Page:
John and Eric spent some five or six weeks getting pissed on planes and hotels, and going on stage the worse for wear, and both were fans of Robert Johnson, an American bluesman of the twenties, so they tried to write together a drinking blues to be called The Brahms And Liszt Blues - Brahms and Liszt is Cockney rhyming slang for pissed.

When John told me this story I happened to mention that there was a strong ale called Brahms and Liszt, manufactured by a brewery in Selby, Yorkshire, and in Leeds was a pub called the Brahms and Liszt which featured this beer. At the time Eric Clapton's tipple was brandies and Carlsberg Specials, and the ale was the same sort of strength as Carlsberg Special.

John said, 'I'd love to give Elo (the name Eric Clapton is known to his friends by) some. Can you get me a case?' As it happened I was going up to do some gigs in the north, then back down to London for some more. When I went north I called at the pub and got a case of the ale, and arrived at John's place with it. He asked what I was doing next. 'I've got a gig in Dorking Folk Club tomorrow night. I've never been there before.'
'That's right next to where Eric lives!'

So midday the next day we set off to Eric Clapton's house. At the time he wasn't married to Patti Boyd, but they were living together. She was a very nice woman, who made us a meal. She said to me that Eric's favourite meal was egg and chips, and she would have to force him to have something like chops. We delivered the crate of Brahms and Liszt, all sampled it and went on to have a good few brandies. Eventually I had to say, 'I have to leave now, I've got this gig.'
'Where is it?'
'That's just near here. We'll come with you.'

My car was rather clapped out, so we took a big Mercedes 500 limousine, which Patti Boyd drove since she was sober. The folk club took place in a hospital social club, and I had a bit of trouble finding it. Finally we got the car quite close. I had a six-string and a twelve-string guitar with me, so I said to John, 'I'm pretty late, and I've never been here before. I'll run ahead to let them know I'm here, in case they're panicking. Could you bring the guitars once you've found somewhere to park?'
'No problem.'

I had to go through the bar of the social club to a room at the back. A woman was sitting outside the door, selling admission tickets, and I could hear that the floor singing had started inside. I apologised for being late, and she answered, 'There's plenty of time, the floor singers have just started, you won't be on for another half hour.' Just then Patti Boyd, Eric Clapton and John Martyn came up, Eric carrying one guitar and John the other.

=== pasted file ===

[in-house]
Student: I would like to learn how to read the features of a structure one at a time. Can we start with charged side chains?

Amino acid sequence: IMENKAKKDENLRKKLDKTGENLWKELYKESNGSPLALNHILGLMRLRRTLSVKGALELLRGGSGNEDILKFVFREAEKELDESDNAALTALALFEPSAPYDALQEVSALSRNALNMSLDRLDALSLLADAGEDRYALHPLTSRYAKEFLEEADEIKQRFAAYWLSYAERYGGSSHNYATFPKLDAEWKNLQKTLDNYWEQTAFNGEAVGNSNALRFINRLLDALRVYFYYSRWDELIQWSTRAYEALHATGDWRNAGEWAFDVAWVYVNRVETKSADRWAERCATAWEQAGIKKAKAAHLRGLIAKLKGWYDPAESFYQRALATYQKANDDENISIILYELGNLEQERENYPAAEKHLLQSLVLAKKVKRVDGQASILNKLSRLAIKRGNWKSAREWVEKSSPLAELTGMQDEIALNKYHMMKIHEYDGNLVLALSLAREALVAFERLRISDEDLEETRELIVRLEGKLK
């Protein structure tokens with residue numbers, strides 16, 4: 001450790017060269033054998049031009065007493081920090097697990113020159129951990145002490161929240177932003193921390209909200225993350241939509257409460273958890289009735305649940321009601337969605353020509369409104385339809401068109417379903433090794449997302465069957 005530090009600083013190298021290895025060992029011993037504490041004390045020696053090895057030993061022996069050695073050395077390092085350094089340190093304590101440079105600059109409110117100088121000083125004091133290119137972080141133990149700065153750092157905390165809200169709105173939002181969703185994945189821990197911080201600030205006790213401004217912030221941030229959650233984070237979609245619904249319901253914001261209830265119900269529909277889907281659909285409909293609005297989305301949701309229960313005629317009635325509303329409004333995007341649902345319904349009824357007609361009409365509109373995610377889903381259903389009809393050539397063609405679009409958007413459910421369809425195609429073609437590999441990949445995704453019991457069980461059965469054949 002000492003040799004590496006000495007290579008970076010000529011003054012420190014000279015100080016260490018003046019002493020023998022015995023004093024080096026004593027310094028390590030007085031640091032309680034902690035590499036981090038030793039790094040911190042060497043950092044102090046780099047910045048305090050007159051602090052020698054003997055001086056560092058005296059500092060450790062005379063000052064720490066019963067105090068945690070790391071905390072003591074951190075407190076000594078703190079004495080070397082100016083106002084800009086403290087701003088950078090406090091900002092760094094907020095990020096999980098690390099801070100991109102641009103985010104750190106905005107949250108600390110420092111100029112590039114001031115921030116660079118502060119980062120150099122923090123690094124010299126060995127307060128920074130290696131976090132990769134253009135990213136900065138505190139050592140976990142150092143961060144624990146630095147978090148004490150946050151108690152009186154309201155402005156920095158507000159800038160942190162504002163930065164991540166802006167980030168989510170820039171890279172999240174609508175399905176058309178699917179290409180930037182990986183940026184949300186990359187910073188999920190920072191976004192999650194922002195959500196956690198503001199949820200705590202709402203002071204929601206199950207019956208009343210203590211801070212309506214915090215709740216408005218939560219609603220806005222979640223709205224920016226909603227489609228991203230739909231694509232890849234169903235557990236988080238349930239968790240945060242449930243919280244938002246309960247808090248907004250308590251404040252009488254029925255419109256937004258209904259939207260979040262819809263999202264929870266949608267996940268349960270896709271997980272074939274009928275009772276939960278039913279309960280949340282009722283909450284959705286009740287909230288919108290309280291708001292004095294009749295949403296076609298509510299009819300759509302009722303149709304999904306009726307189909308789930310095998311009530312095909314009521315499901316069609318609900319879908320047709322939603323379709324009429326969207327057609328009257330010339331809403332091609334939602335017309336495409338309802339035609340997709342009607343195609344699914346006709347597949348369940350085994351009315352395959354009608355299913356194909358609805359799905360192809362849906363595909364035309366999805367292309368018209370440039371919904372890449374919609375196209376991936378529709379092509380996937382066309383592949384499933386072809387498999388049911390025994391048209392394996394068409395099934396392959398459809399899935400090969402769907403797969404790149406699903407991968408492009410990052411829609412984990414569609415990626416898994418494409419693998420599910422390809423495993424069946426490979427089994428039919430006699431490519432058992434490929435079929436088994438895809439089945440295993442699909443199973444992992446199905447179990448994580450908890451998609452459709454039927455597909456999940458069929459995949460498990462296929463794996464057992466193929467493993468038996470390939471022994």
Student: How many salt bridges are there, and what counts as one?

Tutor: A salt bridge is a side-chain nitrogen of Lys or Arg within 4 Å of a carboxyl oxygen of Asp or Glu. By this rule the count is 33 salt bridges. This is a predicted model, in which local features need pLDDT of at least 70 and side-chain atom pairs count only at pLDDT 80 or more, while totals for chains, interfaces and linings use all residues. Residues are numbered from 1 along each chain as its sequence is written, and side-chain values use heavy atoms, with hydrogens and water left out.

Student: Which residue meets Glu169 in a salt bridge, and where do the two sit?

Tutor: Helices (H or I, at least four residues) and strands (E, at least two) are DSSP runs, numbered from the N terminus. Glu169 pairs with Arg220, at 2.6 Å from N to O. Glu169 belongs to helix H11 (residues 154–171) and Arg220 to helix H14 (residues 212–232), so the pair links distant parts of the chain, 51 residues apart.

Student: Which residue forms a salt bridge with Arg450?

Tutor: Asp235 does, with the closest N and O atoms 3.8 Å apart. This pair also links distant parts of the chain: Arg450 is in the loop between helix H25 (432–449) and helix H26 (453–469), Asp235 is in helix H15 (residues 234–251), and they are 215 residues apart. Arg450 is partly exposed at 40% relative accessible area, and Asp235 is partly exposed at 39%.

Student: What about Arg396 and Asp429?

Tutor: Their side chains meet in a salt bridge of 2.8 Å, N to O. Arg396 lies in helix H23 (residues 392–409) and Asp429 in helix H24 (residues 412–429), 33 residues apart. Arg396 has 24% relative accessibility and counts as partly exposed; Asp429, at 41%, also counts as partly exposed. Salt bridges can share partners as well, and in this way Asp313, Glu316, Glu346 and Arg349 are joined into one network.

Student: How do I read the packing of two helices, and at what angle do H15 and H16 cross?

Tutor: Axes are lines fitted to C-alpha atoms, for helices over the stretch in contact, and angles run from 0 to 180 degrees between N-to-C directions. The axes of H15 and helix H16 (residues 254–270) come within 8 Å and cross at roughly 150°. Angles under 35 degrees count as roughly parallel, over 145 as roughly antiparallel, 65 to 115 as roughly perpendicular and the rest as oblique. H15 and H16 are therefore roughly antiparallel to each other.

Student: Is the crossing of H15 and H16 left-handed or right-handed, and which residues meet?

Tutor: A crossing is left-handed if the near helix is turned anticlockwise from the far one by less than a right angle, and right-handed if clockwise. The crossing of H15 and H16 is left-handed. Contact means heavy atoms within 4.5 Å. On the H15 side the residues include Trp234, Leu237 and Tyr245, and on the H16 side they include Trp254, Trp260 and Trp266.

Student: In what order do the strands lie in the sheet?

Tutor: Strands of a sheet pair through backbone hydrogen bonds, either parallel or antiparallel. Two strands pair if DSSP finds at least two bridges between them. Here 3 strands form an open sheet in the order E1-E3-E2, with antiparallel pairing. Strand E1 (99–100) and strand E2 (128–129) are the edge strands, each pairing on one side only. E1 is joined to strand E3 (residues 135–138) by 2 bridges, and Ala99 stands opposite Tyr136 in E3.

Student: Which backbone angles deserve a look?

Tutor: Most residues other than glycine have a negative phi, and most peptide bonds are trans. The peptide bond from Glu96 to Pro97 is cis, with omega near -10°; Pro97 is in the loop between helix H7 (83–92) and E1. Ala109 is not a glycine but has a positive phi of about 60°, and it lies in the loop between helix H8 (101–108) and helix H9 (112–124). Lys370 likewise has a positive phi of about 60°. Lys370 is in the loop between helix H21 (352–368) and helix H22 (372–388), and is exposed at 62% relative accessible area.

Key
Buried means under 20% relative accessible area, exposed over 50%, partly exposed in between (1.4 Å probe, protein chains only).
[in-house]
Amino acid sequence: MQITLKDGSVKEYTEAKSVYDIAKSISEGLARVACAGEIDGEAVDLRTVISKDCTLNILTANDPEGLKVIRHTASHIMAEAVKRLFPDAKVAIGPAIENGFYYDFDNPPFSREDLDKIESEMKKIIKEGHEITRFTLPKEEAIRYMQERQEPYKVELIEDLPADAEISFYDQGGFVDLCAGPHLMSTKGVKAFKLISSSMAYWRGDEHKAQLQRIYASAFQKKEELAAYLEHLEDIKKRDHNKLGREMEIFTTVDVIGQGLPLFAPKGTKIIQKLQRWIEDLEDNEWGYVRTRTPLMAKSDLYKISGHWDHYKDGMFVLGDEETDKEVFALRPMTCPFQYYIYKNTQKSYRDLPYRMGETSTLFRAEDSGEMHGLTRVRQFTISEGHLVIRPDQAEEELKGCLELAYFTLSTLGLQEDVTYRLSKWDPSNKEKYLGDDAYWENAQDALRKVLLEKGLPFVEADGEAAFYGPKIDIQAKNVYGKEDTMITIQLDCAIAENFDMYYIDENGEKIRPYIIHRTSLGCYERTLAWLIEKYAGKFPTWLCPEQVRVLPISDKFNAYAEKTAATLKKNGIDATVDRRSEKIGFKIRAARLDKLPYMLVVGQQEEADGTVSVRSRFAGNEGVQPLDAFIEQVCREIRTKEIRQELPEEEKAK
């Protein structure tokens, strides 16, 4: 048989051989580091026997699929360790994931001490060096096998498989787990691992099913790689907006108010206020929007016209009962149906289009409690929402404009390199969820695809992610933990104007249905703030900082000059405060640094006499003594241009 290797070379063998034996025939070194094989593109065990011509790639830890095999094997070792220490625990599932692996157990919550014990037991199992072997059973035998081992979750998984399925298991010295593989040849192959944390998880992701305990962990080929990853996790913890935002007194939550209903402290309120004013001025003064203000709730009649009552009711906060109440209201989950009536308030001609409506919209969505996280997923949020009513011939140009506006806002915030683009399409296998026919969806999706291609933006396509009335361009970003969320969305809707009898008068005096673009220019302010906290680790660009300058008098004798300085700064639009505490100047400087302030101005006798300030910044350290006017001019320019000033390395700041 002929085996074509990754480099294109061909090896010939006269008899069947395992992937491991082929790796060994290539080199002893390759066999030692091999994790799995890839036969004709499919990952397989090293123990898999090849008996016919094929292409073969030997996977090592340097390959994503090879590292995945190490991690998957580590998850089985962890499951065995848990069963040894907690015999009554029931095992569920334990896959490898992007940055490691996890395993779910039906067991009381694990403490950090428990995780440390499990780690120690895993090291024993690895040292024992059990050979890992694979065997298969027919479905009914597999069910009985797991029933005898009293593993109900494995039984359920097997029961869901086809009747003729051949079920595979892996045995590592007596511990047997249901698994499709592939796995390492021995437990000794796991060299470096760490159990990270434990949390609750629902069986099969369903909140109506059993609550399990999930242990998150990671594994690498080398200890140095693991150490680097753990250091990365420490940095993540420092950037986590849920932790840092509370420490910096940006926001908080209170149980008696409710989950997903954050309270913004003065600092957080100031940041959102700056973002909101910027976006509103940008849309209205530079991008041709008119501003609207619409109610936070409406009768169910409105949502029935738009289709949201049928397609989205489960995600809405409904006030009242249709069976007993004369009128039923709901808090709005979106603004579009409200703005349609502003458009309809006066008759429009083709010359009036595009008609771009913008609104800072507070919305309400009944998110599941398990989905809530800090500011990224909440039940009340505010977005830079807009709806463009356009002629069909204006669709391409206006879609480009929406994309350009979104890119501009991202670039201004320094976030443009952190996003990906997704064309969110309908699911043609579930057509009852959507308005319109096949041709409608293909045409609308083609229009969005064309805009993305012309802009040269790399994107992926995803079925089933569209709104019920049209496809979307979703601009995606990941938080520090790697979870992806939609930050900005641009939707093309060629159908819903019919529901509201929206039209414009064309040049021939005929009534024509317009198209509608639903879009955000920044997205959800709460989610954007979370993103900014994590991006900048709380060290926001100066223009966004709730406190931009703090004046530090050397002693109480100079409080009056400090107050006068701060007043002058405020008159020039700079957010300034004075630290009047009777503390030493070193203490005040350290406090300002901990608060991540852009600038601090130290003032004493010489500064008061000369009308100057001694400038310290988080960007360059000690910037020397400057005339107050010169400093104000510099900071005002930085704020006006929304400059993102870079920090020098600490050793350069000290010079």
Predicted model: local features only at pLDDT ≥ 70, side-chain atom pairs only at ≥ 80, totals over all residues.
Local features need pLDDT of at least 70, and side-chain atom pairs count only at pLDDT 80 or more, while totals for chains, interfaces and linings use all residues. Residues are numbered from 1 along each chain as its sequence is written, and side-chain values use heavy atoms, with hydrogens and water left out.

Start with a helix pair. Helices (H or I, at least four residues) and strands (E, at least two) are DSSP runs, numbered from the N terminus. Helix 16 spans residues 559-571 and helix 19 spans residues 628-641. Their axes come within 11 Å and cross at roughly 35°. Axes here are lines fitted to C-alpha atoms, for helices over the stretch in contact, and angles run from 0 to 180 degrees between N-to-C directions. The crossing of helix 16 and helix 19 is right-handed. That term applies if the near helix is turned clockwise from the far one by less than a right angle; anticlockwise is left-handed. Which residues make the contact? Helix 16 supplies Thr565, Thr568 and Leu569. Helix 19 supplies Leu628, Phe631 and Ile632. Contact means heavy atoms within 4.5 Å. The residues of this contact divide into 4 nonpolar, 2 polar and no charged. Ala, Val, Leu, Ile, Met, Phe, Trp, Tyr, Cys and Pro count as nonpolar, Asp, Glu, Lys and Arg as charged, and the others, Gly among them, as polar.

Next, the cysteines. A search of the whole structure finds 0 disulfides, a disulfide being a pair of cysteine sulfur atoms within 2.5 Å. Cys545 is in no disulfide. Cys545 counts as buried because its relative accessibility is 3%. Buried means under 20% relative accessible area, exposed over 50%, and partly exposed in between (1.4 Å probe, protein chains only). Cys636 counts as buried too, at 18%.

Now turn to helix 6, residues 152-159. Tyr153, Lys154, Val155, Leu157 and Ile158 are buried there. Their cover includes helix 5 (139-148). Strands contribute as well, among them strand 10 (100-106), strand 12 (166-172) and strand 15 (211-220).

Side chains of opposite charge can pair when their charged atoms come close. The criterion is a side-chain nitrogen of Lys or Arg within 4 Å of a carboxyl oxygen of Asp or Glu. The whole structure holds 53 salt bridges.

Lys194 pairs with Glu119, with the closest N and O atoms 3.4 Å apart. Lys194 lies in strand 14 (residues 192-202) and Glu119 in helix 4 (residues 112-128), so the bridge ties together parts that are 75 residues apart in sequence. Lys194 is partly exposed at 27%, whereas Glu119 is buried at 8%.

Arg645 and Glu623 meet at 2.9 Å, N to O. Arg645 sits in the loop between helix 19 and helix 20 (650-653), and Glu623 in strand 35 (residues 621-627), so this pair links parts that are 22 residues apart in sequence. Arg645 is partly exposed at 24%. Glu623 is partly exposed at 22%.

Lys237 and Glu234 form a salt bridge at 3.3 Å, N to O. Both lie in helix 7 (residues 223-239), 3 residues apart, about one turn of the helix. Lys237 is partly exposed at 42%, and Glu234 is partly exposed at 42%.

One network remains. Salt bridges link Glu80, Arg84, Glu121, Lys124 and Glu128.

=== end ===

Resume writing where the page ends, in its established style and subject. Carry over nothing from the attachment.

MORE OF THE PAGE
The woman said, 'Are your friends musicians?'
I was totally gobsmacked, and thought she was kidding, but she was totally serious. I asked why. 'Well, if they play, they can get in free.' I turned to John and said, 'What do you think?' He turned to Elo, who said, 'Fair enough, we'll play.'

During my sets I sang The Band Played Waltzing Matilda unaccompanied. Clapton thought of this as Irish singing, because the only place he had ever heard people getting up and singing that type of ballad was in Ireland. He told me he would go to Ireland quite often, because he could go into pubs there without getting mobbed.

At the end of the evening, I got John and Eric up -neither of them recognised by any member of the audience- and the two of them played as a duet on my guitars the old Blind Gary Davis favourite Cocaine. Then I borrowed a clapped-out Echo which was the only other guitar in the place, and as my final number I sang Cod Liver Oil And The Orange Juice, accompanied by Eric Clapton and John Martyn. The story. appeared in the Raver column of the Melody Maker music paper, who referred to me as 'Curry freak Hamish Imlach'. Only weeks before Eric Clapton had appeared nearby in a huge open-air concert with Bob Dylan, and he was highly chuffed that still at this little local folk club not one person recognised him.

We went back and stayed overnight at Clapton's place, staying up till all hours. There's a tape recording somewhere of me playing guitar there while Eric Clapton plays drums.

pictureHamish Imlach: 10 February 1940 - 1 January 1996.

A typical quote from the 300 pound singer: "I'd always joked about my drinking and smoking that I would hate to die with a heart attack and have a good liver, kidneys and brain. When I die I want everything to be knackered."
The book sold out quickly in Glasgow.

This picture was taken at Hamish's 50th birthday party at the Riverside Club in Glasgow, so 10 February 1990. John is greeting Phil Shackleton (who was a supporting act for him in 1997) and Hamish Imlach is sitting at the front. Phil Shackleton published the picture here.